HotStar: As I Lay Dying
Strong Management’s Vaughn Lewis wasn’t sure what to expect when he and co-manager Kenny Gabor saw As I Lay Dying perform in two venues in two days – Hungarian Hall in Long Island and Trocadero Theatre in Philadelphia. It was an eye-opening experience.
"The first show was at, like, a VFW hall. There were hundreds of kids and the band was set up on the floor. You could barely see them but there was all this energy," Lewis told Pollstar. "The next night was at the Trocadero Theatre and the band was just as at home on that big stage. It was unlike anything that I’d ever seen.
"There was just this energy – a connection going back and forth – with the audience. They seemed very adaptable in any setting as a live band."
Changing pre-conceived notions has been part of life for San Diego-based AILD since forming in 2001 when playing metal wasn’t the most popular choice. In addition the band members are Christian, which led many to assume AILD was a Christian metal band.
"When we first started out, there wasn’t a metal scene in San Diego. Punk and hardcore were popular at the time but we knew we wanted to play metal," frontman Tim Lambesis told Pollstar. "It was a weird scene with all of us being Christians … but there’s definitely not an agenda to tell people what to do. The Christian influence comes from lessons I’ve learned [but] our goal was to play good music."
Despite being pigeonholed, AILD kept chipping away at building a name for itself with its live shows wherever possible.
"We didn’t have an agent or a label. I was the guy who called [venues] every day. We’d play in somebody’s basement. It didn’t matter how many people," Lambesis said. "We played local gigs for about six months and then we started traveling. It was pretty terrible."
A friendship with fellow San Diegans American Tragedy yielded a split CD featuring both bands that was released in 2002, which added to the buzz on AILD.
After signing with Metal Blade in 2003 and releasing Frail Words Collapse, the band started getting a lot of attention from the masses and, subsequently, artist reps.
Around that time, an industry friend told Lewis that Metal Blade was looking for management for AILD.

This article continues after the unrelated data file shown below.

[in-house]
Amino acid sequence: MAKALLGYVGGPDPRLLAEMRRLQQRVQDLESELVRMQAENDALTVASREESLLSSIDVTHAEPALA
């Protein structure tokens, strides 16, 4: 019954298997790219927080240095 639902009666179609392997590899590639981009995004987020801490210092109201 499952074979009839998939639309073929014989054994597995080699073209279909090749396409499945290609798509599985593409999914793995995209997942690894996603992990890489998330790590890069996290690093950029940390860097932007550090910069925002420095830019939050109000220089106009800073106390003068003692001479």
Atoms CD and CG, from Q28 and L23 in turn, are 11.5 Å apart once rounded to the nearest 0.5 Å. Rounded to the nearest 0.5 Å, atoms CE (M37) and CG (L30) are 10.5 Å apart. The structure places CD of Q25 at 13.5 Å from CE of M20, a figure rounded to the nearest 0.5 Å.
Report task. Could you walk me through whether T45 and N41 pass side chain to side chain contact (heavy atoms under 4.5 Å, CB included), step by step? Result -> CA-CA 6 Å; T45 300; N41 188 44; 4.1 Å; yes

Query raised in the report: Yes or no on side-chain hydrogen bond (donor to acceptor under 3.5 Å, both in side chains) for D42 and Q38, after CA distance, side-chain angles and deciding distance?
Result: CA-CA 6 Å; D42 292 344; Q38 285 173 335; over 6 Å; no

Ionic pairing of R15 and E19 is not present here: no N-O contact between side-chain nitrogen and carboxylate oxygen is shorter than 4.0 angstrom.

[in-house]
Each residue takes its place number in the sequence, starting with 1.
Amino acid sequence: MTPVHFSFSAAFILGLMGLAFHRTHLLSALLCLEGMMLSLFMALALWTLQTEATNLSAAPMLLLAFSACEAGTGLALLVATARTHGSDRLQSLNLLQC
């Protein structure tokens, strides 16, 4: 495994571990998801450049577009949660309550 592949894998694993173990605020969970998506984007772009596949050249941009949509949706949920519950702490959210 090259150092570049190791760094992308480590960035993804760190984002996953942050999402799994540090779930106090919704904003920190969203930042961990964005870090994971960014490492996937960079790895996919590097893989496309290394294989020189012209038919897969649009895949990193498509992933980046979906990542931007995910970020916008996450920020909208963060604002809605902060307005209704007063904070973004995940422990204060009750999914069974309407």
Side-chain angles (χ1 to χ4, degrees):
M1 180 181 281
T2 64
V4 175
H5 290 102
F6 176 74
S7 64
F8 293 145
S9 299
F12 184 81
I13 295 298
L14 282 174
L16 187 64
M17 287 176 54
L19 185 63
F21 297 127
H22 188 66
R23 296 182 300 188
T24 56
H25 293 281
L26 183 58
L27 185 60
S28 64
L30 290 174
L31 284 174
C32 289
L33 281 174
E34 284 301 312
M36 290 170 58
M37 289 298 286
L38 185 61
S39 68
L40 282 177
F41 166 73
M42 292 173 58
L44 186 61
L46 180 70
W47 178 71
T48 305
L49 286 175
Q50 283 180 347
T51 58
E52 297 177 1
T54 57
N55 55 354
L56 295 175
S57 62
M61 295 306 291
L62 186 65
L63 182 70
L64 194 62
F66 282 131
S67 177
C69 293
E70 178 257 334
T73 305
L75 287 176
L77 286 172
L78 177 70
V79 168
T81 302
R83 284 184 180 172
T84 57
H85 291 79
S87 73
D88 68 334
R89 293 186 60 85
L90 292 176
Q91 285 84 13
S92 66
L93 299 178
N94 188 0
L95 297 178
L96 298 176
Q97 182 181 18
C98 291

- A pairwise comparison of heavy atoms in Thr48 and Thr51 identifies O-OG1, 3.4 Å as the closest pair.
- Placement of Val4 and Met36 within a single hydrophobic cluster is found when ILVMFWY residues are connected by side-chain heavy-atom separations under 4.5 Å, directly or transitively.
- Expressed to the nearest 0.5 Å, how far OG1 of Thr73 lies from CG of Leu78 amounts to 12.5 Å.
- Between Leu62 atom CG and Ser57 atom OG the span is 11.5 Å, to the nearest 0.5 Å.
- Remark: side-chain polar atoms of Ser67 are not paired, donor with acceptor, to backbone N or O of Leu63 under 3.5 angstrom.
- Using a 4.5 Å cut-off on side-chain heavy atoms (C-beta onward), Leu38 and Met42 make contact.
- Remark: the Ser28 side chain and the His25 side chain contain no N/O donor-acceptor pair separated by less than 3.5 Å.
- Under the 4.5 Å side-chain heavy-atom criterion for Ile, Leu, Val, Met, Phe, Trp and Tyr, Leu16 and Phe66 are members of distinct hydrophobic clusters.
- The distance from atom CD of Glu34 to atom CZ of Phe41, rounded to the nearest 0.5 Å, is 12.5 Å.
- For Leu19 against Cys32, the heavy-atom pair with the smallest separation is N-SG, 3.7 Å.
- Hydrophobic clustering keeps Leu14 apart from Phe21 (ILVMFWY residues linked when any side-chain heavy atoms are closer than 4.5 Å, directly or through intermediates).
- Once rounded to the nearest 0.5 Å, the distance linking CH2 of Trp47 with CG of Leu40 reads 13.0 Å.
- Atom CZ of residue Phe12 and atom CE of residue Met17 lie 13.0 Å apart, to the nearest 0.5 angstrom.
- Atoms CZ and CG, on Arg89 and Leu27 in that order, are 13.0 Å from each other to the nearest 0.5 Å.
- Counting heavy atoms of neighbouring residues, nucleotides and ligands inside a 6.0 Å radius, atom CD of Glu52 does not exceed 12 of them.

"We were getting a lot of demo tapes … but we just felt like none of them were very original. At some point somebody sent me [an AILD] CD," Lewis explained. "When [the friend] called me to see if we were interested, I had literally been listening to their CD for about a week straight."
Lewis said he and Gabor, who also manage Killswitch Engage, were intrigued by the band and its approach to its music. They had heard AILD described as "Christian metal" but could see that label wasn’t accurate.
"What I noticed from afar was that they do all kinds of tours with all kinds of bands. They’ve done the Warped Tour, Ozzfest, Sounds of the Underground," he said. "The band’s overall message is a positive one so that message can appeal to a very broad group of people.
"As heavy a band as they are, I think we’re seeing that translate. It’s good metal with a positive spin."
That positive attitude also carries over to how the band members handle the day-to-day rigors of touring.
"They’re very bright guys who are very focused on building their career in the best way that they possibly can. They’re not looking to take shortcuts," Lewis said. "They’re just the classic band that wants to get out there and play in front of people and try to win fans."
AILD’s current headlining trek in support of An Ocean Between Us has a run of North American dates including the Christian-based Sonshine, Cornerstone and LifeLight festivals, and the first part of the Warped Tour. Stops in Canada and European festivals will keep the band on the road through late August.
One recent milestone was the band’s performance at the Dubai Desert Rock Festival in March on a bill that included Korn, Velvet Revolver, Killswitch Engage and Machine Head. Plans are in the works to tour South America and Mexico, Lewis said.
But along with touring the world, certain areas won’t be forgotten when it comes to routing.
"Another big thing about this band and their kind of connection is the amount of work that they’d done in the smaller markets before we even got involved with them," Lewis said. "Now these are the places they have to play because they have such a rabid fan base.
"They are true road warriors. They’ve done so well in so many parts of the world that there’s always somewhere to play and they’re always willing to do it."